As all Leonard's novels, but somewhat clichee'd.

Too obvious, too straightforward, in terms of scope and characters.

An enjoyable, easy read, but absolutely nothing to write home about.
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Format: Kindle Edition Verified Purchase
Some minor spoilers included

When I was looking at the synopsis for this book it said it was about a Native American and an African American Union Soldier who were both released from prison in order to track down outlaws. I thought it was going to be a really cool bounty hunter drama, like the first hour of Django Unchained. But that isn't what it really is.

The book is mostly a prison drama. The above synopsis takes up only the final 10% of the book (I was reading on a kindle so I don't have any page numbers). Its about life in prison when a new warden takes over, a warden that believes in new techniques in trying to rehabilitate these men. He chooses the two leads as his personal pet projects and inspires them to embrace their inner warrior and it leads to them going from anonymous prisoners to two people who the rest of the population looks at in awe of because of their radical transformation. Once enemies, the two become friends as they spent time in prison learning to run for miles without stopping for water or how to accurately throw a spear, to become the perfect trackers.

I was upset that it wasn't an all action thriller, but in retrospect I guess that's not Leonard's style. It wasn't the story that I expected, but what I got instead turned out to be a very pleasant surprise.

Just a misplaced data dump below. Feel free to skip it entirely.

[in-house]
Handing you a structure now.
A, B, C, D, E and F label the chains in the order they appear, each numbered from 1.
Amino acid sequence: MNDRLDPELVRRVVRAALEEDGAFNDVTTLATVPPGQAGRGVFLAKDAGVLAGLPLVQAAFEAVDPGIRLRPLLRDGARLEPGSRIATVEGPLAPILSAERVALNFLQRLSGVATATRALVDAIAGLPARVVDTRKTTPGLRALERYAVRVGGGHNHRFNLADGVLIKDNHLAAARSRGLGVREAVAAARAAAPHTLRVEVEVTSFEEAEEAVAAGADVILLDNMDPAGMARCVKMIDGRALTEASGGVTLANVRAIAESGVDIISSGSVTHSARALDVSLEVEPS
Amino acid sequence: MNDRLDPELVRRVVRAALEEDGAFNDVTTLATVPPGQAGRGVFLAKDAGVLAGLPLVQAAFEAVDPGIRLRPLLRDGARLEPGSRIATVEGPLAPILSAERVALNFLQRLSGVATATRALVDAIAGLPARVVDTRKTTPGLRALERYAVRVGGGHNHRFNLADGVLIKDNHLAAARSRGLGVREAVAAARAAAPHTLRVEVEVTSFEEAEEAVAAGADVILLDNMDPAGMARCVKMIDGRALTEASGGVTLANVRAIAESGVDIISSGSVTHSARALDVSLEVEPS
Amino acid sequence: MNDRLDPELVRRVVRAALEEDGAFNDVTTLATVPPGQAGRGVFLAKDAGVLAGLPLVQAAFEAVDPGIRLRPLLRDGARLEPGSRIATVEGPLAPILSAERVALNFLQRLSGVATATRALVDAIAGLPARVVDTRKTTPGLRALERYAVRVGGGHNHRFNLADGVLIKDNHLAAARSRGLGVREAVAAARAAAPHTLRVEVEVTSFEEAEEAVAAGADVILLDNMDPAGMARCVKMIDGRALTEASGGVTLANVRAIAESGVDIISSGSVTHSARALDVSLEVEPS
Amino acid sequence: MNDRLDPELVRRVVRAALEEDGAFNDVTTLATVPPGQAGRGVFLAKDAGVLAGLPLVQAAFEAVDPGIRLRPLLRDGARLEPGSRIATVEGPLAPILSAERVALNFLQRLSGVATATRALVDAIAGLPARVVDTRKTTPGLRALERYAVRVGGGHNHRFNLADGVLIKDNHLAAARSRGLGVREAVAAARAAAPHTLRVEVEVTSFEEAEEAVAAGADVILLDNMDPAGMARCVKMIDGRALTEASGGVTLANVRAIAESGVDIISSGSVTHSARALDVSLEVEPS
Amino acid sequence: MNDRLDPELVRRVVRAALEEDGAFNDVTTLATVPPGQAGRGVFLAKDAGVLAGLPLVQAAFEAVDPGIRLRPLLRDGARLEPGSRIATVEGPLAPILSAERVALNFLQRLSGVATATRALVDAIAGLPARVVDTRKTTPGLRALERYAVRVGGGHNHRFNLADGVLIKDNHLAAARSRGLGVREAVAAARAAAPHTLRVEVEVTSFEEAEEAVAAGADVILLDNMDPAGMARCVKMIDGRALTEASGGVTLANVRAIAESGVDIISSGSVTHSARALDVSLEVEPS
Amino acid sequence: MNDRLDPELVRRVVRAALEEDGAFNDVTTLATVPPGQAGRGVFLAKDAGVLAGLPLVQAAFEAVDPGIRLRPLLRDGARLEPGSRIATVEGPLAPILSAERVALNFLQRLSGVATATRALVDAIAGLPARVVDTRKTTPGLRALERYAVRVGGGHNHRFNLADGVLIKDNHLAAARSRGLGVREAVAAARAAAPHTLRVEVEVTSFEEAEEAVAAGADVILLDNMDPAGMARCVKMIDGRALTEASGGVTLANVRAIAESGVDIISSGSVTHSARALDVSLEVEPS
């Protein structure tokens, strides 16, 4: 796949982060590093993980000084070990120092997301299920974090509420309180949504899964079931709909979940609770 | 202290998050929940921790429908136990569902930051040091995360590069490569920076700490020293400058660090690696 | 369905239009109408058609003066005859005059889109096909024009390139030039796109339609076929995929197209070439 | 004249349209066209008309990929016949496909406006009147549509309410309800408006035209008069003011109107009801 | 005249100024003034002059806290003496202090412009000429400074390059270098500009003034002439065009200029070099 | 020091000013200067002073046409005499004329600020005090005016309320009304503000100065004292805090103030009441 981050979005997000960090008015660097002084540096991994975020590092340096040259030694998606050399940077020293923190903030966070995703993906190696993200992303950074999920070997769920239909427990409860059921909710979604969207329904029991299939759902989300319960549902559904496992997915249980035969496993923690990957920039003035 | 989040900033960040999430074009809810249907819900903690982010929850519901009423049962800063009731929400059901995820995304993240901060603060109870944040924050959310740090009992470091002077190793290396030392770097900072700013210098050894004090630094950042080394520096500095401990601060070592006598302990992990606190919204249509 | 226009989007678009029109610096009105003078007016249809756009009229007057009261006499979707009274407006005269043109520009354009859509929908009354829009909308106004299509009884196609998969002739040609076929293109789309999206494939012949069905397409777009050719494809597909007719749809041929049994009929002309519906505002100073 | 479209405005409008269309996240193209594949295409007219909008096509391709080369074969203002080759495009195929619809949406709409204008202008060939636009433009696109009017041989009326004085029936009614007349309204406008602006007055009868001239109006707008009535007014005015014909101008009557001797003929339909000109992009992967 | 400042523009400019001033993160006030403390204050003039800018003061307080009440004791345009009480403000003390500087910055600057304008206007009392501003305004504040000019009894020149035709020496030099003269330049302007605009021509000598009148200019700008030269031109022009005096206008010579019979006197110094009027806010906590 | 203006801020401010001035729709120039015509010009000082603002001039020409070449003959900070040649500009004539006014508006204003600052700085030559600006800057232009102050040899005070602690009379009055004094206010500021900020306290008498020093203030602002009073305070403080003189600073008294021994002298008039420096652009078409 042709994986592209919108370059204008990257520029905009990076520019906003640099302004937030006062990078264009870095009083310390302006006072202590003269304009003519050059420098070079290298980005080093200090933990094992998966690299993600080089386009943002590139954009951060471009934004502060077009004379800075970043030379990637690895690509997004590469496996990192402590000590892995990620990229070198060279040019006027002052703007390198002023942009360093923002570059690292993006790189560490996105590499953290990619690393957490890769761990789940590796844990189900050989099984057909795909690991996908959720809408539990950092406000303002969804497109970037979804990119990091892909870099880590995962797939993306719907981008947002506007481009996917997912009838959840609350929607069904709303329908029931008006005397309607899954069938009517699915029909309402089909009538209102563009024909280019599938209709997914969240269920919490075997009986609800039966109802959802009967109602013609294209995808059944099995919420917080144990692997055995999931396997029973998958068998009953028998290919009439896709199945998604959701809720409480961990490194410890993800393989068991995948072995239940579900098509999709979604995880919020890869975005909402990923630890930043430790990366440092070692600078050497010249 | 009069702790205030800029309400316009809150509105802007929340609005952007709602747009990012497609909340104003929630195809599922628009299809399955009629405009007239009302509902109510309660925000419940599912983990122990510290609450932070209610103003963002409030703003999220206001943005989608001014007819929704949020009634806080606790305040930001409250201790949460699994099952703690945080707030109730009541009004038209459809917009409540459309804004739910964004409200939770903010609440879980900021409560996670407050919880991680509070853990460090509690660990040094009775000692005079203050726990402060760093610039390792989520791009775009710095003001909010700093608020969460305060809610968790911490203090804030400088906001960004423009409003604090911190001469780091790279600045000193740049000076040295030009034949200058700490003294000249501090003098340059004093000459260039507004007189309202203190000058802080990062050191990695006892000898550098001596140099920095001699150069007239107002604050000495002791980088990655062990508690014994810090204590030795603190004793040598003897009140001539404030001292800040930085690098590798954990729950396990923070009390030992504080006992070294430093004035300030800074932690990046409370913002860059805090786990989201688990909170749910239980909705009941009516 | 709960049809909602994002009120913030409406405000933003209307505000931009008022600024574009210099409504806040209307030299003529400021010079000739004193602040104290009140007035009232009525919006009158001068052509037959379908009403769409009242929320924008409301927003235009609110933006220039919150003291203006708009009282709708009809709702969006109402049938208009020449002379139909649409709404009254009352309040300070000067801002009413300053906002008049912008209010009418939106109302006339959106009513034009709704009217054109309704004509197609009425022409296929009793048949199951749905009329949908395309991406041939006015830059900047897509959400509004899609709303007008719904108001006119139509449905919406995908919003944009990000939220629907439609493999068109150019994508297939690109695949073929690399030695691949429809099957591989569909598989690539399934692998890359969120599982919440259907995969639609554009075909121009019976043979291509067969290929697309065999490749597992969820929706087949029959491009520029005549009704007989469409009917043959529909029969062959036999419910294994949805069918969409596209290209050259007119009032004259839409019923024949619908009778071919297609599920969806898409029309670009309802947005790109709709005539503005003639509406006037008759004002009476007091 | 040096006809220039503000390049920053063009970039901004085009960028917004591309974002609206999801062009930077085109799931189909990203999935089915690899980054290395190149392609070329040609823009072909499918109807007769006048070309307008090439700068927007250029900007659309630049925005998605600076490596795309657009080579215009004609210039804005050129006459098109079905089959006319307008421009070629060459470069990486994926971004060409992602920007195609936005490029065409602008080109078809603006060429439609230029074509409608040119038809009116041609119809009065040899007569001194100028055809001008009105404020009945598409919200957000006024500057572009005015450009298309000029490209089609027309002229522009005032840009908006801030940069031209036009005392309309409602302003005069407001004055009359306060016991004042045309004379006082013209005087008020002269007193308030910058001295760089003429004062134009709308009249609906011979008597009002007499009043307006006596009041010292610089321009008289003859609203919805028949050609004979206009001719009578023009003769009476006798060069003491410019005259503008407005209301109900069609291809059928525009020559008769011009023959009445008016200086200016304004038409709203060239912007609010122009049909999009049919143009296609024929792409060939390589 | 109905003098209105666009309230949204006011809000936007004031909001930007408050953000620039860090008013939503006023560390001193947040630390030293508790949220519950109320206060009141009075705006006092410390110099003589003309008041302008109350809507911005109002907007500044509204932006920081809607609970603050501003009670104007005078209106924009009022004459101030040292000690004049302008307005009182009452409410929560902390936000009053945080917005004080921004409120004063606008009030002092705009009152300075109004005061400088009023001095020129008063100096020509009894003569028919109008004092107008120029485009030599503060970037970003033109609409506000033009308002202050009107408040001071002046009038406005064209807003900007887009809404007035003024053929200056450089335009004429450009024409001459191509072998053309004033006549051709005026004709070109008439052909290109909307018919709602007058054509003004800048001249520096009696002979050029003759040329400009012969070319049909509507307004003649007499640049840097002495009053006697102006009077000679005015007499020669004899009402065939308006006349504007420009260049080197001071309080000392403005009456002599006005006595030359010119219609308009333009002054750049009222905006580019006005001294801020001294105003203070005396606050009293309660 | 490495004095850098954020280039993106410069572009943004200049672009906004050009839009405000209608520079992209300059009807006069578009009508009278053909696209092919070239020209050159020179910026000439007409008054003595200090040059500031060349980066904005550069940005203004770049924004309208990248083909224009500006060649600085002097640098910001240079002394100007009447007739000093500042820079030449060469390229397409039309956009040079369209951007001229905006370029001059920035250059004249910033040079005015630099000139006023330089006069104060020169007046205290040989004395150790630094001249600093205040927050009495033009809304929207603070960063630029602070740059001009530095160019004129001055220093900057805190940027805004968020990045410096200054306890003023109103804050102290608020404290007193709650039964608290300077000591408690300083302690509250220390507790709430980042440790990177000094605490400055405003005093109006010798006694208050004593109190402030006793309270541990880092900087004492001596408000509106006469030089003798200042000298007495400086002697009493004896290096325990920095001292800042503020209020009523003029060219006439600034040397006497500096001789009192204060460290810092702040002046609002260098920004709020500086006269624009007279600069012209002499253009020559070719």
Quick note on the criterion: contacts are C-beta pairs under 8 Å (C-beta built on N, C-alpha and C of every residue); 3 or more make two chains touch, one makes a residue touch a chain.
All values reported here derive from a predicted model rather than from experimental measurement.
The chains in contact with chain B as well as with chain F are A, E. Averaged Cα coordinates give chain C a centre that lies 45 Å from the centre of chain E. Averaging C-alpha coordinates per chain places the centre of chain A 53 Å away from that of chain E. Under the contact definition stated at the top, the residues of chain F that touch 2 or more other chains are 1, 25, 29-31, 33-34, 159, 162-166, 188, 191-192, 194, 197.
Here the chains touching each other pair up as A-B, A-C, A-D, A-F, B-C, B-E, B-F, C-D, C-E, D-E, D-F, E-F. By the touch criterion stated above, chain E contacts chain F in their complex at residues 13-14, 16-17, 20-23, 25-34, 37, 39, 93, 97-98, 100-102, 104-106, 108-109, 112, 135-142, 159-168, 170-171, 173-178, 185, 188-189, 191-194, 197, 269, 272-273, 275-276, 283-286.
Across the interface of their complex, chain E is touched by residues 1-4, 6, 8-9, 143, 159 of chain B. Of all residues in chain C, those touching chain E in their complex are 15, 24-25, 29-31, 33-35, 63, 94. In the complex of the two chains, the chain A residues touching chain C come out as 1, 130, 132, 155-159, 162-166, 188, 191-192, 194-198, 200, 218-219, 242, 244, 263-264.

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Format: Kindle Edition Verified Purchase
If you've never read Elmore Leonard , shame on you. The story takes place in Yuma prison, the story line is great , characters are fantastic. The description of prison life in those days, I don't know how he comes up with it. Mr. Leonard passed away last year, he will be missed, one of the greatest writers that ever lived in this country, maybe in the world. To me , L. Lamour does not hold a candle to Elmore Leonard westerns
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Format: Kindle Edition Verified Purchase
Another humdinger! Elmore Leonard spins yarns so engaging that one can barely put his book down. A prison story set in early 20th century Arizona that is timeless. Sleazy cons, corrupt guards, and a clueless warden. Throw in a couple of female prisoners and things get interesting.
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Format: Mass Market Paperback
Who else but Elmore Leonard could conceptualize and write a story like this? It was impossible to put down. Seemingly mundane characters should hook you as you follow their strange motivations. As always, Leonard's dialogue and description are fantastic (I cracked up when one of his characters casually observed a convict as having a beard that looked like the ass fur of a sick dog). Set in 1909 in Yuma Territorial Prison, Leonard throws in his literary belnder a black con, a half-breed Indian-Mexican, an important yardbird villain and his gang, a superintendent/evangelist, a whore, and some trippy guards and creates something typically and palpably offbeat. I thought the conclusion was a bit unrealistic and hokey, yet somehow satisfying. Leonard redefined the Western genre. It's an incredibly fast read -- and well worth your time to see for yourself. Want to burn a day or so and get lost in a book? This fits the bill. Enjoy it. It would be hard not to.